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Mimicking Birds


(Glacial Pace; US: 13 May 2014; UK: 13 May 2014)

On his debut as Mimicking Birds, Portland’s Nate Lacy exposed a rare gift for cyclical melody and atmospheric soul-searching. On Eons, his sophomore effort for Glacial Pace Recordings, Lacy opens up his internal world into a vast starry landscape where “Mountains slide away from their fault lines / Taper into new shorelines / Sliding down the timeline / Pull the nerves up through your spine.” Those lines typify Eons, which contains a fullness and a fragility, a tension between the outer and inner. It’s a gorgeously organic record made for headphones, a record that screams the Pacific Northwest’s windy coasts and still forests, evoking everyone from Ugly Casanova and Horse Feathers to Fleet Foxes and Freelance Whales. The shifting speed of Lacy’s delivery on “Acting your Age” lulls the listener like the ebb and flow of the Pacific. “Bloodlines” and “Memorabilia” marry impactful imagery to an instinctive understanding of prosody in their lyrical composition. “Moving On” ends the album with a futuristic trip through the stars, Lacy’s voice somewhere between awed and distracted, a tremulous affectation that seems to be exploring the music itself.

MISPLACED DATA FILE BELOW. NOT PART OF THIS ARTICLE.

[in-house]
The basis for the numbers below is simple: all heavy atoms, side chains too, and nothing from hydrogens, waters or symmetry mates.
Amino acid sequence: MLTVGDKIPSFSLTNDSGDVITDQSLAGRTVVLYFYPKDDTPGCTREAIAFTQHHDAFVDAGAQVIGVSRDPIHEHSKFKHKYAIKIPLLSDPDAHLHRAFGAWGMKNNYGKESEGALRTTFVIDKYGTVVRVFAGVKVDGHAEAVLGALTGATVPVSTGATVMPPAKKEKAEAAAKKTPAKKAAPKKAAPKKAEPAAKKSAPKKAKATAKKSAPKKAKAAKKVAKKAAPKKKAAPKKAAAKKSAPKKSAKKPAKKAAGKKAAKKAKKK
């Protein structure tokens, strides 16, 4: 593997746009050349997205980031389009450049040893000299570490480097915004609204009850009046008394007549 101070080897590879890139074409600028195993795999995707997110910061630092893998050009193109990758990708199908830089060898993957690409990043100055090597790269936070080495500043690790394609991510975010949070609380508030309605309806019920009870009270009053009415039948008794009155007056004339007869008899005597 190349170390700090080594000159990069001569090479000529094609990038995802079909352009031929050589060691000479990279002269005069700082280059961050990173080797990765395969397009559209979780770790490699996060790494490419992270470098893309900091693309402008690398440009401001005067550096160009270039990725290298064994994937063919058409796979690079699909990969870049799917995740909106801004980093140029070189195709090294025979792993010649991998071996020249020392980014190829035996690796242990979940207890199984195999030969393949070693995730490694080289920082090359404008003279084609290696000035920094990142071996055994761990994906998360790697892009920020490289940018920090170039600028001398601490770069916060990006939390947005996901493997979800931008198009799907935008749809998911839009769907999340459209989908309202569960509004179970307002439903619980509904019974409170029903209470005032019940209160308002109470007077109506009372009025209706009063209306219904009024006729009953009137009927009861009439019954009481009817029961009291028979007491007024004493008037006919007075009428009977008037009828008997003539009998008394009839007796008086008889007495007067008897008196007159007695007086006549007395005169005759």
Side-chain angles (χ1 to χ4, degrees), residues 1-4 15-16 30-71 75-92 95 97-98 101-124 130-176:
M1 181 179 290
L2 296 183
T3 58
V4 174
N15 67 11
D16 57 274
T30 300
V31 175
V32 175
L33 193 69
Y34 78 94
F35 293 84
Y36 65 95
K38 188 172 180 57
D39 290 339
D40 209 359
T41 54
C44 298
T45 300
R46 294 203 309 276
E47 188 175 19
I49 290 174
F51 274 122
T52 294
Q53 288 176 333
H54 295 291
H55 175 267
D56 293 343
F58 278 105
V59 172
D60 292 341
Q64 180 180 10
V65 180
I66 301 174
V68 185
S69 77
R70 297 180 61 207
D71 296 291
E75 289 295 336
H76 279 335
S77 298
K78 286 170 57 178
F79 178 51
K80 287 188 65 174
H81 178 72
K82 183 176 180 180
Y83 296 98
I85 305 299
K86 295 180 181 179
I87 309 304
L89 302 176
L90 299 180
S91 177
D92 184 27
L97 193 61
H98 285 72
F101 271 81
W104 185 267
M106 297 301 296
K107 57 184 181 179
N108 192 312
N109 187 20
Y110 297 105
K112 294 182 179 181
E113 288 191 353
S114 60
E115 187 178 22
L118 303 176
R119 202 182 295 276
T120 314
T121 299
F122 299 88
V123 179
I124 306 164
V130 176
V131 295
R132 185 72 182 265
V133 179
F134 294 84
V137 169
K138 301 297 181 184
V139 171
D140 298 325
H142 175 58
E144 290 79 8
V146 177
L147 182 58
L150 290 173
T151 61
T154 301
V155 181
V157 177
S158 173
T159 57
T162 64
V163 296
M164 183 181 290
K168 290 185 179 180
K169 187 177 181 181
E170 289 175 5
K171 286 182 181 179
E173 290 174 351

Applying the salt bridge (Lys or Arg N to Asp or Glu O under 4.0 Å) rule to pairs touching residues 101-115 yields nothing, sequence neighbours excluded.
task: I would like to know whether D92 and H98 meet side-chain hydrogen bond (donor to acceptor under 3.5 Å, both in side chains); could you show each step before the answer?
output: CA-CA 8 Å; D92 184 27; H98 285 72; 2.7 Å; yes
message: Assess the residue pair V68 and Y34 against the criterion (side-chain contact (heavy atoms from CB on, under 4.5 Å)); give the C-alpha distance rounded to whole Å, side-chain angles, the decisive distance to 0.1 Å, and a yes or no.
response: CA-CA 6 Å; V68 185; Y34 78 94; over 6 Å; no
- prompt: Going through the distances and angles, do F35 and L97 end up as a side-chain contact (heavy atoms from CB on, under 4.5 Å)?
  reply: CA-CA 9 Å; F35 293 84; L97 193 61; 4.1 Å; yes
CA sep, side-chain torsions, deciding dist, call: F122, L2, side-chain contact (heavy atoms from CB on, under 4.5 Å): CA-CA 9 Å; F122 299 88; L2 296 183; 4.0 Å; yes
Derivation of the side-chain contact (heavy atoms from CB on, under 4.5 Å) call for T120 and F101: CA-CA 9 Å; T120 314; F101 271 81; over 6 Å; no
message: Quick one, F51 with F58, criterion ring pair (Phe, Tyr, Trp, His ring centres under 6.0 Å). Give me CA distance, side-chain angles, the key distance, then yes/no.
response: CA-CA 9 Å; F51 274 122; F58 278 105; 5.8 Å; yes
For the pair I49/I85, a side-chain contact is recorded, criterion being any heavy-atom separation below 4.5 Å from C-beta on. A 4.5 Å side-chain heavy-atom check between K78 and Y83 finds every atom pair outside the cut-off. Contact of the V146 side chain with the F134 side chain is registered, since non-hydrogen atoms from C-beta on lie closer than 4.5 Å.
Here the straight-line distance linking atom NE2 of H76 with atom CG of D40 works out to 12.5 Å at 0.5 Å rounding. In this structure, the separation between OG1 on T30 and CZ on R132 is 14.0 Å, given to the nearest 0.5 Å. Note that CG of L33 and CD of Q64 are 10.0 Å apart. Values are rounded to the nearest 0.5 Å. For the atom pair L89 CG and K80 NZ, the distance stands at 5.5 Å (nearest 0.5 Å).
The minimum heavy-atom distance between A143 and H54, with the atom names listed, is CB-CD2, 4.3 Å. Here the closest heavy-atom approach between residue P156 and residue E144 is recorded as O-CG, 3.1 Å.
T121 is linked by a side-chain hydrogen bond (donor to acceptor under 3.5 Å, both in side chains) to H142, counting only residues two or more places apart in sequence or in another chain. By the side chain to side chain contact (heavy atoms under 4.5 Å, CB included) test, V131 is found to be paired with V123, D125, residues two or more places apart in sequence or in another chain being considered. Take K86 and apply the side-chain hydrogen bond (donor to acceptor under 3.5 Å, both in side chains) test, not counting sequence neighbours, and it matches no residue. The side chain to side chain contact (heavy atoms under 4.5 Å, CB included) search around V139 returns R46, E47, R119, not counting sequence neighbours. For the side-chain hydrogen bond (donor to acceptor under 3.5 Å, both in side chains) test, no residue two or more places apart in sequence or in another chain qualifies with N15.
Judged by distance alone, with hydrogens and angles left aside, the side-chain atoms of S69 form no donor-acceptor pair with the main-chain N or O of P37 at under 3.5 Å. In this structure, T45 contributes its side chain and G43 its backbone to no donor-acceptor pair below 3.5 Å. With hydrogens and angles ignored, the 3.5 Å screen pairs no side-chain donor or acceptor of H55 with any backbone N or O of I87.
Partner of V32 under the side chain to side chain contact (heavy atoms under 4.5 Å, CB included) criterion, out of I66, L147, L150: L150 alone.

Eons slipped through a lot of critical fingers when it arrived earlier this year, and I can only attribute that to its airy, ethereal quality. It’s an album that needs time to seep inside you, to settle in and fill all the spaces with its loosely connected patchwork of scratchy guitar, pattering drums, distorted piano, twisting internal rhymes, and Lacy’s hypnotic delivery. These elements combine, piece by piece, to achieve the most miraculous construction of all: one so carefully built that it looks completely random. An unassuming beaver’s dam with the power to stop a river.


Adam Finley has two unmarketable degrees and a framed picture of Arnold Schwarzenegger in his office. He's been in the freelance game since 2007. He writes music reviews, political essays, non-award-winning short fiction, travel articles, and Limp Bizkit haiku. He once published a story about a chimpanzee. He is still shocked that people are willing to pay him money to write words. His dream is to ride a manatee.

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